Reflections on Leadership, Governance, and Trust

By President Shirley M. Collado, October 11, 2017
I announced in late September my decision to create the Division of Student Affairs and Campus Life, a decision that resulted from many thorough and honest conversations I had with people across our campus about how to strengthen the student experience.

This decision also aligned with the findings and results from the Campus Climate Survey, the Middle States accreditation self-study, and many other reports about student success and retention.

In making this announcement, I also shared that Rosanna Ferro will lead this new division. Rosanna’s skill set, energy, and experience will move our work in student affairs forward—and her hiring does something else: it demonstrates my deep investment in building a high-performance leadership team. My success as president, and the college’s success as an institution, depends on my ability to identify the strengths we need at the leadership level, and my ability to act decisively to bring the necessary talent to our campus or develop it in places where it exists already.

These two decisions greatly affect our institution, and they give me an opportunity to open a conversation with you about my thinking around the intersections of leadership, shared governance, collaboration, and transparency. 

As president, I have a responsibility to make decisions that represent, protect, advance, and empower all students, staff, and faculty on this campus. My ability to be a thoughtful leader requires me to listen to and understand the needs of our college community while being flexible and nimble as I make important decisions on behalf of our institution. For me to be effective, I must be transparent, open, and collaborative. At the same time, I must be direct, driven, and decisive. These are core components of my leadership—and they are not mutually exclusive.

I recognize that our Ithaca College community is deeply invested in creating an environment that honors the values of shared governance, and this is a value that I also share. In the fall of 2015, the college’s board of trustees charged the provost with creating a Shared Governance Task Force, and over the course of nearly two years the group fulfilled its charge, and created a charter of shared governance, which outlines a vision of shared governance at Ithaca College.

I have met with the members of the task force, and I applaud them for their thoughtful, sensitive efforts around a difficult topic. Their work has been highly informative to me as I reflect on the evolution of shared governance at our institution.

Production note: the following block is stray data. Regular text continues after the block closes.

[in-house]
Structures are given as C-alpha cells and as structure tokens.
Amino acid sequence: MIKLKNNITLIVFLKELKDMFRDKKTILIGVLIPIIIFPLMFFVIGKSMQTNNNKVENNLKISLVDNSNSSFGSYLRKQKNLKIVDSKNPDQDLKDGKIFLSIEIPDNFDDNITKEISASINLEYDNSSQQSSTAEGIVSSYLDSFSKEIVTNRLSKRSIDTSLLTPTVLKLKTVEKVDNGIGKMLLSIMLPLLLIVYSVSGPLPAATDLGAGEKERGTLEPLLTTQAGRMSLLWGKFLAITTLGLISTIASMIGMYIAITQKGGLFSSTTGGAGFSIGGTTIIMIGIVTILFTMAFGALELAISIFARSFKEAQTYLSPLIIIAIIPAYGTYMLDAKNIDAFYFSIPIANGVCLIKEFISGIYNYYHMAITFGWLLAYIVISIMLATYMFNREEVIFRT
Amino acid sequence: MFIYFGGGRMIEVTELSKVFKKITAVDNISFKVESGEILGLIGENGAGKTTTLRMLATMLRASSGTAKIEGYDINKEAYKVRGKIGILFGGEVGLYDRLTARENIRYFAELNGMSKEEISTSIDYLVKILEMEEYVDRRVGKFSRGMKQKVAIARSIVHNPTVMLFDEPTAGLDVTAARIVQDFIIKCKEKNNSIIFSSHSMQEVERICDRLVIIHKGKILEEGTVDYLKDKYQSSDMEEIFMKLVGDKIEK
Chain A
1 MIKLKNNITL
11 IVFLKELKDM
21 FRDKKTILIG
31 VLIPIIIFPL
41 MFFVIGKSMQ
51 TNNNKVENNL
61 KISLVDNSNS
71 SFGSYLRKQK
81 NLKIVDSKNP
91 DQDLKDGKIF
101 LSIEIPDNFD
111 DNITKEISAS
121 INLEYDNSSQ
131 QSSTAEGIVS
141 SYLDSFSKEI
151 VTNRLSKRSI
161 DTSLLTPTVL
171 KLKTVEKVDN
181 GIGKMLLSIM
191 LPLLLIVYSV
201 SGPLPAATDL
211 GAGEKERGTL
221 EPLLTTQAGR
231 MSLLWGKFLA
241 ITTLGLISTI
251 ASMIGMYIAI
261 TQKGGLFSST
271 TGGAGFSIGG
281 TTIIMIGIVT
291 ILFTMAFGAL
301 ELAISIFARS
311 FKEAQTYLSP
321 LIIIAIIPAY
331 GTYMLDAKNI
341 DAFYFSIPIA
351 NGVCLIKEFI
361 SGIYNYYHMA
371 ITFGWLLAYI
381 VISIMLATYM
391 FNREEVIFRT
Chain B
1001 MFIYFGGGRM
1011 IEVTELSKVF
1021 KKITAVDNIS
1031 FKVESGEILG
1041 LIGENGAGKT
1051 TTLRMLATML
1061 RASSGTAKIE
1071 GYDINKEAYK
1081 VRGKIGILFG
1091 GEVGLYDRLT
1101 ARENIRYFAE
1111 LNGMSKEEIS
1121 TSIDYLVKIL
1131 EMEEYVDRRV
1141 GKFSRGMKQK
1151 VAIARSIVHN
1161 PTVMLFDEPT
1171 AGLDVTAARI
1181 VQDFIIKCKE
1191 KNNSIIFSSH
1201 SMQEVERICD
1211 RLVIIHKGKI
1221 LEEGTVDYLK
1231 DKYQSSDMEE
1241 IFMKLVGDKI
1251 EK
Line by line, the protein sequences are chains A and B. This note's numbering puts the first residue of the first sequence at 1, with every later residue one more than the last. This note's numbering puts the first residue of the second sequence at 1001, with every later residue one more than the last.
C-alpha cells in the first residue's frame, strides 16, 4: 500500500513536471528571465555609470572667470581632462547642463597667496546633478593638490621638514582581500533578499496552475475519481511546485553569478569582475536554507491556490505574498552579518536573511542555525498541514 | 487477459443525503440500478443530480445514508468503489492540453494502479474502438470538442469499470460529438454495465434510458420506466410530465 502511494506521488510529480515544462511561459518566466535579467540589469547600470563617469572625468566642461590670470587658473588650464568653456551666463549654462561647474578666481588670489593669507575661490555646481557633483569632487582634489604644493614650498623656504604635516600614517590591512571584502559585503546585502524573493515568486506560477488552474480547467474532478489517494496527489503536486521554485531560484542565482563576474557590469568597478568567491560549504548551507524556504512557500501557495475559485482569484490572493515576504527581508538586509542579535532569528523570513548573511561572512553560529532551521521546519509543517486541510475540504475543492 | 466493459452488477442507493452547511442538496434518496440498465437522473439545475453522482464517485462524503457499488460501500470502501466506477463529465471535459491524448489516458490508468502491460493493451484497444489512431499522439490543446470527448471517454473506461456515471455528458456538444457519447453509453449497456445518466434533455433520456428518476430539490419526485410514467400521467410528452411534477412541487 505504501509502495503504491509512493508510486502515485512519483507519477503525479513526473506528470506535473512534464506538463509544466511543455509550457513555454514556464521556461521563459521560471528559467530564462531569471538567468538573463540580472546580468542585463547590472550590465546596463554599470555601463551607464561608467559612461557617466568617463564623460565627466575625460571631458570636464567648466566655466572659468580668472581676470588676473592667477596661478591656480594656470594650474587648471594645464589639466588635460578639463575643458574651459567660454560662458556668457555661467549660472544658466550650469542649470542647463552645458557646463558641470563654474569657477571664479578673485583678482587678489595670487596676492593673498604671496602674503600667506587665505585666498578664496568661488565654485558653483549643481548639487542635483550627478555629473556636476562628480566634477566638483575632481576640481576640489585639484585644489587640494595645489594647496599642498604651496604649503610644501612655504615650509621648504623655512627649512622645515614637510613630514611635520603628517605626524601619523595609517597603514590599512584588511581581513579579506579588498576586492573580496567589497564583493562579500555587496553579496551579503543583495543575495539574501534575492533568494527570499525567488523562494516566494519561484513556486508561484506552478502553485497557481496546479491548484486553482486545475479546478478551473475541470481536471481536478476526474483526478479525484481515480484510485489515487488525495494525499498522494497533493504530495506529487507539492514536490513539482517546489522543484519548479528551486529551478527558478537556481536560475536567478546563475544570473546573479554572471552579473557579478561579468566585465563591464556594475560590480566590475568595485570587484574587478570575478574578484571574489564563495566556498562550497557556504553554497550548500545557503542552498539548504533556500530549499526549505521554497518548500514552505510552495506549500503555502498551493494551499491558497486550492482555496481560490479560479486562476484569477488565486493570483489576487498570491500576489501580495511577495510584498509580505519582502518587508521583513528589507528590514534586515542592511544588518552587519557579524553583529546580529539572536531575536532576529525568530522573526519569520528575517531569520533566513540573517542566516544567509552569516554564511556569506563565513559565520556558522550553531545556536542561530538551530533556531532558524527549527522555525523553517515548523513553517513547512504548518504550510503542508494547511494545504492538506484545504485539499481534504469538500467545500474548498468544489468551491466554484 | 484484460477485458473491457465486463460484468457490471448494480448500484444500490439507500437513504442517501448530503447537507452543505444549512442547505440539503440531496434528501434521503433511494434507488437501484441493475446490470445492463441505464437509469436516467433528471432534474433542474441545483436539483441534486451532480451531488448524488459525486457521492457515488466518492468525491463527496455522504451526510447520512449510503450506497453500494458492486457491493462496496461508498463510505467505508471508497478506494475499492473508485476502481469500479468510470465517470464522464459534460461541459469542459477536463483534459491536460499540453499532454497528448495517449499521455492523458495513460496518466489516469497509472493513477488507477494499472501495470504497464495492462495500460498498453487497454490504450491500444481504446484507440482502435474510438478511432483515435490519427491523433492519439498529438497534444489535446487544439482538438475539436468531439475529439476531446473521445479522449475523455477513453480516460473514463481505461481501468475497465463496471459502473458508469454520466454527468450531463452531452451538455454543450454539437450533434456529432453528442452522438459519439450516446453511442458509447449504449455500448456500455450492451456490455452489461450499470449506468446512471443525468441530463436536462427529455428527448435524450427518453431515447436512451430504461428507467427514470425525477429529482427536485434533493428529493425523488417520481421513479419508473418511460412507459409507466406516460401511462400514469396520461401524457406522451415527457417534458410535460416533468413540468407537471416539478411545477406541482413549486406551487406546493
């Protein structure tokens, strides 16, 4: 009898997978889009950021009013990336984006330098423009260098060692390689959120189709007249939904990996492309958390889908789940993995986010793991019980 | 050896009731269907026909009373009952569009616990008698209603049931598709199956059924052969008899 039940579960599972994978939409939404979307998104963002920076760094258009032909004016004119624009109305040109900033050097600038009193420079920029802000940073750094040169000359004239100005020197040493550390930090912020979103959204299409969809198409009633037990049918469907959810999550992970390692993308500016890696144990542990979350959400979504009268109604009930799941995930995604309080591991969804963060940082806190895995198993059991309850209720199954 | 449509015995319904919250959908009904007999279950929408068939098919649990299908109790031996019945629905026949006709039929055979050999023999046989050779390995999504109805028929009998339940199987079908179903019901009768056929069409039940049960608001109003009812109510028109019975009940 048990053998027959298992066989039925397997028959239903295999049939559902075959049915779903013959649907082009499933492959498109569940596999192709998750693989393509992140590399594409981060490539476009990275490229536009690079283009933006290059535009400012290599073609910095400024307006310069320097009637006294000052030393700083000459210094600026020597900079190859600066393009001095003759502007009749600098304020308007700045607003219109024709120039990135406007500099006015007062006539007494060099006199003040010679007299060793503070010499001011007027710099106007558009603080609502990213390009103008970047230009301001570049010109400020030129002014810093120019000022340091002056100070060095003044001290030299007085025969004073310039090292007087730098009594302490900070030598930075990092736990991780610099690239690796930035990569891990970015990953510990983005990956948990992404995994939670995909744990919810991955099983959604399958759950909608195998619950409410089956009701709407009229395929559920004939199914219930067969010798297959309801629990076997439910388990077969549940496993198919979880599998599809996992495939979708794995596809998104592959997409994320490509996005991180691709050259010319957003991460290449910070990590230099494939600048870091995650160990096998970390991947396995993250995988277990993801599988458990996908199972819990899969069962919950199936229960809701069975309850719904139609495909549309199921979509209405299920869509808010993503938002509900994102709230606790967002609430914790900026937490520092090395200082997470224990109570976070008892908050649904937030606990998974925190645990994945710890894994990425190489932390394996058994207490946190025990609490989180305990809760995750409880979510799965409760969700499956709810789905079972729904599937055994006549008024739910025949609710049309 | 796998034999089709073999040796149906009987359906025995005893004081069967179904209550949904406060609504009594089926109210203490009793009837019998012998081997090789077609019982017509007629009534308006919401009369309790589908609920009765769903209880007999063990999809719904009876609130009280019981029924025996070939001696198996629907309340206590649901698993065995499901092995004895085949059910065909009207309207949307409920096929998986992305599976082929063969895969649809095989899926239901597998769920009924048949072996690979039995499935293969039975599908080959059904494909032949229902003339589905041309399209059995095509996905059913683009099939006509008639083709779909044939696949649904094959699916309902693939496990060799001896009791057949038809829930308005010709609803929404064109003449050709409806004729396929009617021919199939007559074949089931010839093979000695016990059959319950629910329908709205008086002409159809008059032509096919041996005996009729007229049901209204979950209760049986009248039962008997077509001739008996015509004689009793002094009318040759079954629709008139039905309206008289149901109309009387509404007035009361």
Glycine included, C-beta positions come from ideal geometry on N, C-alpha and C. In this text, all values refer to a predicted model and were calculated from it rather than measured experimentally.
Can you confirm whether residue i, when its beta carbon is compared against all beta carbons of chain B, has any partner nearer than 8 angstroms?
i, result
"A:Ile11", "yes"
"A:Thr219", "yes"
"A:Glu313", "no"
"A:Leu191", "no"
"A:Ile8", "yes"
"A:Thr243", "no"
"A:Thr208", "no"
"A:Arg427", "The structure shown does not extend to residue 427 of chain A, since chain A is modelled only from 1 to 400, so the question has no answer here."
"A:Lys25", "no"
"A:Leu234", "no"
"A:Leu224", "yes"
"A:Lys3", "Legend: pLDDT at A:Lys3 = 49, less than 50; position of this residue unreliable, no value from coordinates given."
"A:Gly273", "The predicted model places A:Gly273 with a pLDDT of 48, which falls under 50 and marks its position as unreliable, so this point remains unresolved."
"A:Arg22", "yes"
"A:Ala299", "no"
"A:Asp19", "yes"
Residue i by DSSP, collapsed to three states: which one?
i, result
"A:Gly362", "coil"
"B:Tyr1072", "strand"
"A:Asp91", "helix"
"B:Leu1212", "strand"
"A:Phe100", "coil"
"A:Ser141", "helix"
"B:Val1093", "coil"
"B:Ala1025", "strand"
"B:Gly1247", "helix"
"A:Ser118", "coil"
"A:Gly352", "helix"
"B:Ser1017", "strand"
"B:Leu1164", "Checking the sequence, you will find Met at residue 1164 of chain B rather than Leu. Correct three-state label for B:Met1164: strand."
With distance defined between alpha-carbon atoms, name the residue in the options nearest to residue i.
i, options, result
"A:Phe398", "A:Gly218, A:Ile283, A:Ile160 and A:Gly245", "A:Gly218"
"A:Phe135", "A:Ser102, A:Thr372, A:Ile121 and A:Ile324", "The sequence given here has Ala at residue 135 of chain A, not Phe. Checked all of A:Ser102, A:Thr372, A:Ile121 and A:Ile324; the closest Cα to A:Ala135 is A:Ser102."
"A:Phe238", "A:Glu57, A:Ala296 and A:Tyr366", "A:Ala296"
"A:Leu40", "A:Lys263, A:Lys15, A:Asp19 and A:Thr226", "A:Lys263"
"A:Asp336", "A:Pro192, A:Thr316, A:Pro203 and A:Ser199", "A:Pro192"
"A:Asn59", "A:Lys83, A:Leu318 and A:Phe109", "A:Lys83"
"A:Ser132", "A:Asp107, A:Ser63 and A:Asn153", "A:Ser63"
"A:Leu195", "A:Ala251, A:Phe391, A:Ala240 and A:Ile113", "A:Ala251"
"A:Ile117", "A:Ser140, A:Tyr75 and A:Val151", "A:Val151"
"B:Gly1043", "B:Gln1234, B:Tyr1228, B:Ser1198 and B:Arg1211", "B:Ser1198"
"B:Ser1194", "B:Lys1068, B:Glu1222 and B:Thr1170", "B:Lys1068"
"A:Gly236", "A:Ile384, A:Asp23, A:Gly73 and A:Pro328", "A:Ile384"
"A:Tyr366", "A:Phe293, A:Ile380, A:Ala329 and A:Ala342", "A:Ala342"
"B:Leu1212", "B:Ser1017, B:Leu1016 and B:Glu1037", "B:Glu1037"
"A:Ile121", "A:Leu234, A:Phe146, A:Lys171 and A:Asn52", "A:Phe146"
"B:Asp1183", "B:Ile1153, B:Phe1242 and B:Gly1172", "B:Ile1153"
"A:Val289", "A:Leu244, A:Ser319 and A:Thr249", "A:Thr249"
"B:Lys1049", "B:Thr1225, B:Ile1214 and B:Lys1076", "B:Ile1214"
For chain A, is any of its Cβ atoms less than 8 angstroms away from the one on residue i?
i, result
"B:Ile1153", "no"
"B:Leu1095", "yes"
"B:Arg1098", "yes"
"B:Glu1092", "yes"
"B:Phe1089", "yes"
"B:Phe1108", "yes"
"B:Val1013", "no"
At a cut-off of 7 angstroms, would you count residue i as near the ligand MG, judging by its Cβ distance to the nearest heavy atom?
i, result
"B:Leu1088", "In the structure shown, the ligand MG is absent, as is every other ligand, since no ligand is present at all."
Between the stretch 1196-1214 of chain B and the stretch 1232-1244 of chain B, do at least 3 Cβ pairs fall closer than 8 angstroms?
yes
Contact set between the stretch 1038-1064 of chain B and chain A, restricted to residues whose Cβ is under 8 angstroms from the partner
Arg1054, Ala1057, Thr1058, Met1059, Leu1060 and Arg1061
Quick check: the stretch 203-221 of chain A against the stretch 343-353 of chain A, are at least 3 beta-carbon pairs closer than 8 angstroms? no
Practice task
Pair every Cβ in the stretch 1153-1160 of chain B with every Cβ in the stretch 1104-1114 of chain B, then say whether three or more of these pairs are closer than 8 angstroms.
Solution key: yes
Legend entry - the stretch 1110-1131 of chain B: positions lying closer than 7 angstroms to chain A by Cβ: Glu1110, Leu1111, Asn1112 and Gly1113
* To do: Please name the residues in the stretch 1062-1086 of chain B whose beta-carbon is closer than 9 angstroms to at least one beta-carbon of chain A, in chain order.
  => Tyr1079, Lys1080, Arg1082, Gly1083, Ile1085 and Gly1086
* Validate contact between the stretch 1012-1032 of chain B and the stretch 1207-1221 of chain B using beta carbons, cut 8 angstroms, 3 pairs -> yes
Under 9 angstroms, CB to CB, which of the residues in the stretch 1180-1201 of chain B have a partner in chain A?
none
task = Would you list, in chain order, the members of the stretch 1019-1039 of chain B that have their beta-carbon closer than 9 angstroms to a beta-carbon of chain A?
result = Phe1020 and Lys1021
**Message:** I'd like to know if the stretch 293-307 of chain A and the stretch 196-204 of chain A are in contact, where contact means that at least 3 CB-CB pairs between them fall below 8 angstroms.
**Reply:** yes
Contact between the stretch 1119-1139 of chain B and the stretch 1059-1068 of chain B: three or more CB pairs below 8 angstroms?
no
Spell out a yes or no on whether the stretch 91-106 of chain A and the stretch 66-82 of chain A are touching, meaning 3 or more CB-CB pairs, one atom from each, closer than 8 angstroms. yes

I believe that, in many ways, the work of the task force was aimed at solving a symptom of a deeper challenge: the lack of trust within our community between different constituent groups and organizations, and a lack of trust in the college administration. My intention as president is to focus on creating solutions to this underlying challenge—to mobilize our community around the rebuilding of trust.

The building and earning of trust is a living thing that we each cultivate every day, and it is so important to our collective work that our relationships are strong and rooted in the understanding and the expectation that we engage in our work together authentically and honestly, and that we each have expertise and knowledge that should be honored. You cannot have shared governance if you do not have trust.

True shared governance provides for open, transparent decision-making, but it does not require that everyone participate in that process. Shared governance ensures that every voice is heard, valued, and taken into account, but it does not mean that there is equal authority among all members of our community to make major decisions. Finally, I feel strongly that intentionally cultivating a culture of increased trust happens through open dialogue, through the activation of a strong leadership team, and through regular communication among the members of our community. I have full faith that if we build trust and we build a culture of true shared governance, we will move our community to a place where we can create a strong vision for our institution; one that we all participate in creating and for which we are all collectively accountable.

The coming years will require us to lean in to many important conversations and difficult decisions, some of which will push against the grain and make us uncomfortable. We must be courageous in these moments, and engage with one another respectfully and boldly to move our institution into the future. I look forward to doing this important work with you.